“Other than being out of wrestling for two to three months, as far as lifting over 10 pounds,” Allen said. “They pretty said get my scans every six months for five years. And after that they might cut it back to annually. They feel pretty good about me being cured of cancer.” 

Despite being away from wrestling for about a month to six weeks, the coaches made Allen, who is also a PE teacher at West Forsyth, feel comfortable knowing the team was in good hands. 

“Just kept running it smoothly,” Hairston said. “For the first month that he was back I still kind of ran everything because he, you know, was still tired. Couldn’t lift, hadn’t gotten approved from the doctor to do a lot of physical activity. So, kept trying to remind him, ‘Hey, you can’t be doing that.’ I felt like the old dad on the coaching staff.” 

Part of not lifting anything was not being able to play with his young children – Everett, 5, and Abram, 8.  

“They were so good,” Allen said of his children. “They helped me walk around the house and everything. They would hold my hand and walk me through the house and stuff.” 

Another important person for Allen through the diagnosis, surgery and recovery has been his wife, Hannah. 

“I have the best wife in the world,” he said. “I know everybody says that, but my wife Hannah, she was my rock.  

“When I told her I was thinking about resigning, she said, ‘Absolutely not. You have worked too hard to get where you’re at to get one little circumstance that you’re going to beat make you change your mind on everything.’” 

His thought process was about the wrestling team. 

“The whole time, we stayed in communication with him,” Pennington said. “Even when he was recuperating at home, we would text him and checking on him – No. 1, letting him know that we cared because we do. And also, anything you let us do, let us know we’ll do, you know, personal, school-wise, wrestling, the whole 9 yards.” 

Despite support from his family, West Forsyth administration, coaching staff, and the team, Allen fell into depression. 

“I got pretty depressed, I’m not going to lie,” he said.  

Allen reached out to many people for help. 

“Lots and lots and lots of prayer. Leaning on the Lord,” he said. “Some medication. I had a conversation with my doctor about just getting something.” 

His primary-care doctor, Gigi Smith, prescribed him Lexipro and BuSpar for depression and anxiety. He’s also spoken to his pastor for help. 

“Even after the surgery, it’s a mental battle,” Allen said. “I’m still in the battle every single day.”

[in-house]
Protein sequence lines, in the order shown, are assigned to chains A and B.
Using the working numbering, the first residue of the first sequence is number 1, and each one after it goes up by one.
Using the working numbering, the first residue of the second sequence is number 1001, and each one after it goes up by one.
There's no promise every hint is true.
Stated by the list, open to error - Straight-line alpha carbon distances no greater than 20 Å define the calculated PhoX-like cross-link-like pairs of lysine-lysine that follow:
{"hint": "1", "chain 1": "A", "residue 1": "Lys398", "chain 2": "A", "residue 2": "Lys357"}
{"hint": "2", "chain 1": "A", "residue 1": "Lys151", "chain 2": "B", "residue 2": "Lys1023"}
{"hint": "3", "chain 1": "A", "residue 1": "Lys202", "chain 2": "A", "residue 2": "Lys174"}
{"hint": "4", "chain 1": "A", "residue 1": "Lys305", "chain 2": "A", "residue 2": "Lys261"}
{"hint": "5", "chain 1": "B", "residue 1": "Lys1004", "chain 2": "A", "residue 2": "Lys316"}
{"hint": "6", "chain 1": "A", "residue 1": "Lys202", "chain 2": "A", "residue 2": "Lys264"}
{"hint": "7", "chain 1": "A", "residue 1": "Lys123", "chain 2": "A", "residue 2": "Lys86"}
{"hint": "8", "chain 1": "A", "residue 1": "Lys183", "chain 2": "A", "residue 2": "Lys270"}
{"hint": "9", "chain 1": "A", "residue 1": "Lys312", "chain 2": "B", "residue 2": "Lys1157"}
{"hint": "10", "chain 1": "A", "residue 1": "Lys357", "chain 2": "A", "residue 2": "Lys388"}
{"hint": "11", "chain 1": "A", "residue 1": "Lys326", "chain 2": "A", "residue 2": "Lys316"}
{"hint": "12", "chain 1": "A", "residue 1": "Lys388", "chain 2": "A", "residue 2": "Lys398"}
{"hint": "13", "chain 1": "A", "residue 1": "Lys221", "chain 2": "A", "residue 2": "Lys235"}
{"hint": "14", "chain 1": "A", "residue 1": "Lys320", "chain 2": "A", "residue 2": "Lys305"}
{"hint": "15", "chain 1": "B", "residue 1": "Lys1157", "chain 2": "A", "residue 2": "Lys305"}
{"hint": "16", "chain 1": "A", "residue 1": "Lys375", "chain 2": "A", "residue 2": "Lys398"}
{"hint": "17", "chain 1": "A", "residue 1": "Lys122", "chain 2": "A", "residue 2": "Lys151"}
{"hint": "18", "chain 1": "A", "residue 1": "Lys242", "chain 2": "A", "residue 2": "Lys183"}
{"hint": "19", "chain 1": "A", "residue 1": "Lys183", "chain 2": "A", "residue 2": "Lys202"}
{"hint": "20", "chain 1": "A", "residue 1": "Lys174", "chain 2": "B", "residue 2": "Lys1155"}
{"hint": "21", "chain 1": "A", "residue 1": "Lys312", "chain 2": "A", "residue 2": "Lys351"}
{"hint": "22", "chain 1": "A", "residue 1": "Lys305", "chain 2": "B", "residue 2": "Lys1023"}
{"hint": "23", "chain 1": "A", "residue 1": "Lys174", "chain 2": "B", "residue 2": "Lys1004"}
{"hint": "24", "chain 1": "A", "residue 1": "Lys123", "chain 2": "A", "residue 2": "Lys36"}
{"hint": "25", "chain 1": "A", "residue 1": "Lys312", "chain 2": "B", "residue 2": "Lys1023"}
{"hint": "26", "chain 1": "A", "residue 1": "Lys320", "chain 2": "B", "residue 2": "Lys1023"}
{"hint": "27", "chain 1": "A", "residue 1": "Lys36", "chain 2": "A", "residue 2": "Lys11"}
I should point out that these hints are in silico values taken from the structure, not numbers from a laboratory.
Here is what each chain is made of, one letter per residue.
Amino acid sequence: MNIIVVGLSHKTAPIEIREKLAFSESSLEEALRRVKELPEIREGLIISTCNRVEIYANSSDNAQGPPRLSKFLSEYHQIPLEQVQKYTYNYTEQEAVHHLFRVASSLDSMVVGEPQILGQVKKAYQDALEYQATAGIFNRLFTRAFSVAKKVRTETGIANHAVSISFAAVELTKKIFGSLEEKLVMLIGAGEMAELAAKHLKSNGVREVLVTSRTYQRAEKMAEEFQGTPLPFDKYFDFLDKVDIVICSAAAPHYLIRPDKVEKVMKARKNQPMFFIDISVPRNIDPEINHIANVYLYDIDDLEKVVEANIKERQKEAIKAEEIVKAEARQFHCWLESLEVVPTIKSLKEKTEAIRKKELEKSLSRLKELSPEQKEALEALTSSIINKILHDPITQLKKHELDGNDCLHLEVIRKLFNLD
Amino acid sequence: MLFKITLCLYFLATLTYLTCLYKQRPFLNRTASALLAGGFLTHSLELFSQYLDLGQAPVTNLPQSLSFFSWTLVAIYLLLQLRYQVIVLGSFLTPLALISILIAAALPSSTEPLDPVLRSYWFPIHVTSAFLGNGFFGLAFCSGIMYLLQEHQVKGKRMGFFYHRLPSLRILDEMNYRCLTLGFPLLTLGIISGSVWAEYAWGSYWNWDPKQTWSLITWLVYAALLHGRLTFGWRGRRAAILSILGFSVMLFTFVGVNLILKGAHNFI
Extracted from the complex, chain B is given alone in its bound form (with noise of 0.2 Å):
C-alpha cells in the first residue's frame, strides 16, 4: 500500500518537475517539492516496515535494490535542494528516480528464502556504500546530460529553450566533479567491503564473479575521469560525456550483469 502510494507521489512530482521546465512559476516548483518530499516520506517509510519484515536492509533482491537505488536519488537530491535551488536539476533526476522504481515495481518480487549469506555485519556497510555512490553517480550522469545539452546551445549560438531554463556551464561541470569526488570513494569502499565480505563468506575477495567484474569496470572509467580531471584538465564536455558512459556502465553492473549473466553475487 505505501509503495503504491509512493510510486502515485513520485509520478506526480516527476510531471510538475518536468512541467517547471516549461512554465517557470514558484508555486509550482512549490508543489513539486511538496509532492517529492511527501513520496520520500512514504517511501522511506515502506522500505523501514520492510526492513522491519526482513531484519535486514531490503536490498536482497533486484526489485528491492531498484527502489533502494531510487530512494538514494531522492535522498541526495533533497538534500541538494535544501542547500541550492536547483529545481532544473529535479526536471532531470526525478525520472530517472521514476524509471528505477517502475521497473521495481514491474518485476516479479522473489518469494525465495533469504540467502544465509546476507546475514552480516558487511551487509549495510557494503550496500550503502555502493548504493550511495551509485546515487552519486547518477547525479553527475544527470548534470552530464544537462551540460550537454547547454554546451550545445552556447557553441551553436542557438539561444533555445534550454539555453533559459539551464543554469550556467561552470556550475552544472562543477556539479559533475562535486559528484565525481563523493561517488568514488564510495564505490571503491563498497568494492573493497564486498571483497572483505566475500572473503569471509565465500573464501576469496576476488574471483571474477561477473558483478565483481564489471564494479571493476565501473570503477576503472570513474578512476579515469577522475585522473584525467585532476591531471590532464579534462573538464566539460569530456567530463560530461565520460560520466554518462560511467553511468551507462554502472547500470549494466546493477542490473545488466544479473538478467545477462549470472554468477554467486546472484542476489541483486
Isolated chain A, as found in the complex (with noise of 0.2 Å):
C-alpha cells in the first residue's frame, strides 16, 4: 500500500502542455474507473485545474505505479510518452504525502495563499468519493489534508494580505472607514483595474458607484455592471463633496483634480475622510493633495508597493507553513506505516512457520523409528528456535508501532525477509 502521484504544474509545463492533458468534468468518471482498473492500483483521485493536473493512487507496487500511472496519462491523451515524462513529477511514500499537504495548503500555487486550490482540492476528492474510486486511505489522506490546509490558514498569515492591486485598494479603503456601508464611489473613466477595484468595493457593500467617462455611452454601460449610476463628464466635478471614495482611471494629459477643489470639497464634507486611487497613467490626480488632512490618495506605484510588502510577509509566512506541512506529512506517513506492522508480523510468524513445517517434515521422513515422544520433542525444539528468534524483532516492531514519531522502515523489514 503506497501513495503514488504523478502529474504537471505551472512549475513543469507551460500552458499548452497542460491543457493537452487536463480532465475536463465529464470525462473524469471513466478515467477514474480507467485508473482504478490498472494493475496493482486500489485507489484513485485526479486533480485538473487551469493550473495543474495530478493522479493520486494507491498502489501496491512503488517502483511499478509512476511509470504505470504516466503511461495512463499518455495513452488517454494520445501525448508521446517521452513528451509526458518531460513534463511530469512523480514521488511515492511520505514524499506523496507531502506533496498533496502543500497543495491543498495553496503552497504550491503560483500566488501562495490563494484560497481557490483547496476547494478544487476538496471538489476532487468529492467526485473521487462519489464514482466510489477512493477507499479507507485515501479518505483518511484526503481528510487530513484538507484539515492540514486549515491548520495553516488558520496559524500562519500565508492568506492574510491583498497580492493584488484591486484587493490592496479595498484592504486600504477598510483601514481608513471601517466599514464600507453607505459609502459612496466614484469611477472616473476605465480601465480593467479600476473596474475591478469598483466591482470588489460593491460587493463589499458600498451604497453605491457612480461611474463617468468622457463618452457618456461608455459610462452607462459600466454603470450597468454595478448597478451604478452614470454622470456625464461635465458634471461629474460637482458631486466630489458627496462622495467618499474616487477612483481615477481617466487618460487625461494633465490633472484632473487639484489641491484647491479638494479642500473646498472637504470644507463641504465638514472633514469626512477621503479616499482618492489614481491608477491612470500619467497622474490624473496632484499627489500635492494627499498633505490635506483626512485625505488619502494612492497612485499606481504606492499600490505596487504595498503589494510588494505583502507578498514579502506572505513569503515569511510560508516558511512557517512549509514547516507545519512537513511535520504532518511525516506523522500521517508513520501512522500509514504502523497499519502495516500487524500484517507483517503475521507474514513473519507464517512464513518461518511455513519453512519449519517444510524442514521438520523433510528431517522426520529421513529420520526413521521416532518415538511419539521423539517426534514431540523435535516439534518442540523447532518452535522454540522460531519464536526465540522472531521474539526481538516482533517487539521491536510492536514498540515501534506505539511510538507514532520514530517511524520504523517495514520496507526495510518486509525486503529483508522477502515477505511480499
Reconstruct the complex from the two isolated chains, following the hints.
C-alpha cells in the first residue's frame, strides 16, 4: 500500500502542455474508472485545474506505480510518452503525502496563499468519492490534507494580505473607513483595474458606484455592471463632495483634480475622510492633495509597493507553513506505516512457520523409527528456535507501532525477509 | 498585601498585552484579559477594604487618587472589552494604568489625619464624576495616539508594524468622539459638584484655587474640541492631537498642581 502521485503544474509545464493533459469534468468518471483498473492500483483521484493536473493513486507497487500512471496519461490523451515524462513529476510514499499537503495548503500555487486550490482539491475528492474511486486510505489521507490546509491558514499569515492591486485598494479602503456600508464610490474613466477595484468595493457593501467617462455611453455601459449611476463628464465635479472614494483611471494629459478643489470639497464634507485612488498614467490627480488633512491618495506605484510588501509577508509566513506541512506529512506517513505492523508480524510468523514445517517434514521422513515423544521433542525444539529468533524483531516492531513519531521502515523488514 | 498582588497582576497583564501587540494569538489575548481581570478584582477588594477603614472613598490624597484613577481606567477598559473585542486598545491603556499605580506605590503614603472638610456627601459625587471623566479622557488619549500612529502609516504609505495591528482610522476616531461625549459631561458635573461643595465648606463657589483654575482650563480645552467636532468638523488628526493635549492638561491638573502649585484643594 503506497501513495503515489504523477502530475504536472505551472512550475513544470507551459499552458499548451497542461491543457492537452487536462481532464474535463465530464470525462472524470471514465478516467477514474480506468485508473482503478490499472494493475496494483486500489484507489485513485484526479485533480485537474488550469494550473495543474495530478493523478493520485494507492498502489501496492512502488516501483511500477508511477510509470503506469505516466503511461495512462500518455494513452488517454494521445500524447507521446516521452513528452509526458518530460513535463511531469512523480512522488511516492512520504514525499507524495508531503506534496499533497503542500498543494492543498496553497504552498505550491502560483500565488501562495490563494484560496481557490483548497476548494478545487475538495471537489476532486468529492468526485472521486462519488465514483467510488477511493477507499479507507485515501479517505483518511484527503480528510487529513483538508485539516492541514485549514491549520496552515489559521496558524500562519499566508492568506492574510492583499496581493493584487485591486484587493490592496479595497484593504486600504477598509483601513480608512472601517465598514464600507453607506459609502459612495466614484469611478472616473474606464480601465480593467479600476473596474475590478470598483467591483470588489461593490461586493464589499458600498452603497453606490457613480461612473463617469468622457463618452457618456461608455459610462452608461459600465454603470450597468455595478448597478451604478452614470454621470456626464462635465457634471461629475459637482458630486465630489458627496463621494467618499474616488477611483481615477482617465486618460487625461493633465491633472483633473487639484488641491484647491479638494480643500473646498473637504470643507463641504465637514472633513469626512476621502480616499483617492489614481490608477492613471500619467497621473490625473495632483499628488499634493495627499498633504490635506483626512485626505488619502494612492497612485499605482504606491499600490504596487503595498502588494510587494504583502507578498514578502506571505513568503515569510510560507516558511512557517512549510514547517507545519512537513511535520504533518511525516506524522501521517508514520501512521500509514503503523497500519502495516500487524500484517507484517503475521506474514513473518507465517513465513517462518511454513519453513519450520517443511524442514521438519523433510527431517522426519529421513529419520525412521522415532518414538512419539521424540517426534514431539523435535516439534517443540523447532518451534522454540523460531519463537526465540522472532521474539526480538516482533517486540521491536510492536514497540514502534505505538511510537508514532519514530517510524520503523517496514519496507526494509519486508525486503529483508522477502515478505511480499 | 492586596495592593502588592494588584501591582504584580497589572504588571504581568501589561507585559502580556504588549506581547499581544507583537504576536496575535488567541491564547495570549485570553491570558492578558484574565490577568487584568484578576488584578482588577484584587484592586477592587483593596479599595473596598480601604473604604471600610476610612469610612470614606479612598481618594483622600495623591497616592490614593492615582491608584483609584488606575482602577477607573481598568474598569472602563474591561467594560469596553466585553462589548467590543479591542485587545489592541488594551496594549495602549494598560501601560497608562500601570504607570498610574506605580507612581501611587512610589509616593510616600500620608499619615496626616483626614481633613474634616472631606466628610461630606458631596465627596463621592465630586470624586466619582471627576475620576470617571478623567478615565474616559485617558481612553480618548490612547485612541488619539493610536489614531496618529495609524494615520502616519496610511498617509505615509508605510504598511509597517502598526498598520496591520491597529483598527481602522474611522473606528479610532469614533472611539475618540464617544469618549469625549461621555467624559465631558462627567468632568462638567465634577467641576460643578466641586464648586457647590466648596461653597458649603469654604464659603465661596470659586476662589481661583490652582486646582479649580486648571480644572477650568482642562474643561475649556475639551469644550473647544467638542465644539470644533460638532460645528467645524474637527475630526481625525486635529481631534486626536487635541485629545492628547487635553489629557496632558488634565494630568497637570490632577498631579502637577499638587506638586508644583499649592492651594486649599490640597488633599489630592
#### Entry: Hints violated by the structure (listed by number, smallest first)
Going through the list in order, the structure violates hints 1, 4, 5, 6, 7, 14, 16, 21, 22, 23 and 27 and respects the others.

As the season progressed Allen slowly worked his way back. 

“The kids really stepped up,” Hairston said. “The kids, they didn’t know him very well, but it was just a testimony to the group we have. A lot of them reached out. Their families took meals to his house, you know, checked with him daily, checking on him, seeing how he was doing.  

“I would say it did bring the team together because that was one of many obstacles and them understanding, ‘Hey, life can throw a lot of curveballs. It’s not always smooth. But understand that you have to fight through things. And you need people in your corner and that’s the importance of relationships. So, it turned into a good teaching moment.” 

There were 12 boys wrestlers from West Forsyth who competed in last weekend’s NCHSAA Class 4-A Midwest Regional at Ragsdale High School. However, none of the wrestlers qualified for this weekend’s NCHSAA Class 4-A state championship in Greensboro. However, Jady Magallanes and Millie Garcia Olmedo qualified for the girls. 

“What our wrestling program needs right now is leadership, and you can give that,” Pennington said of his conversation with Allen. “I said, you’re not 100 percent yet, but you can give that. The other stuff of the hands-on stuff, you know, that’ll come in time.  

“He was patient. I’m sure nobody knows how difficult it was. And I can’t imagine.” 

Now that the season is almost complete, Allen can only look to the future. 

“It’s one of the biggest, it’s obviously the biggest eye-opening experience of my life,” he said. “It’s changed my life drastically. I try to make sure that everything I do, not that I didn’t before, (I) just try to make sure that I’m acknowledging everyone – people that have been there for me. Just making sure everybody knows that I care about them.”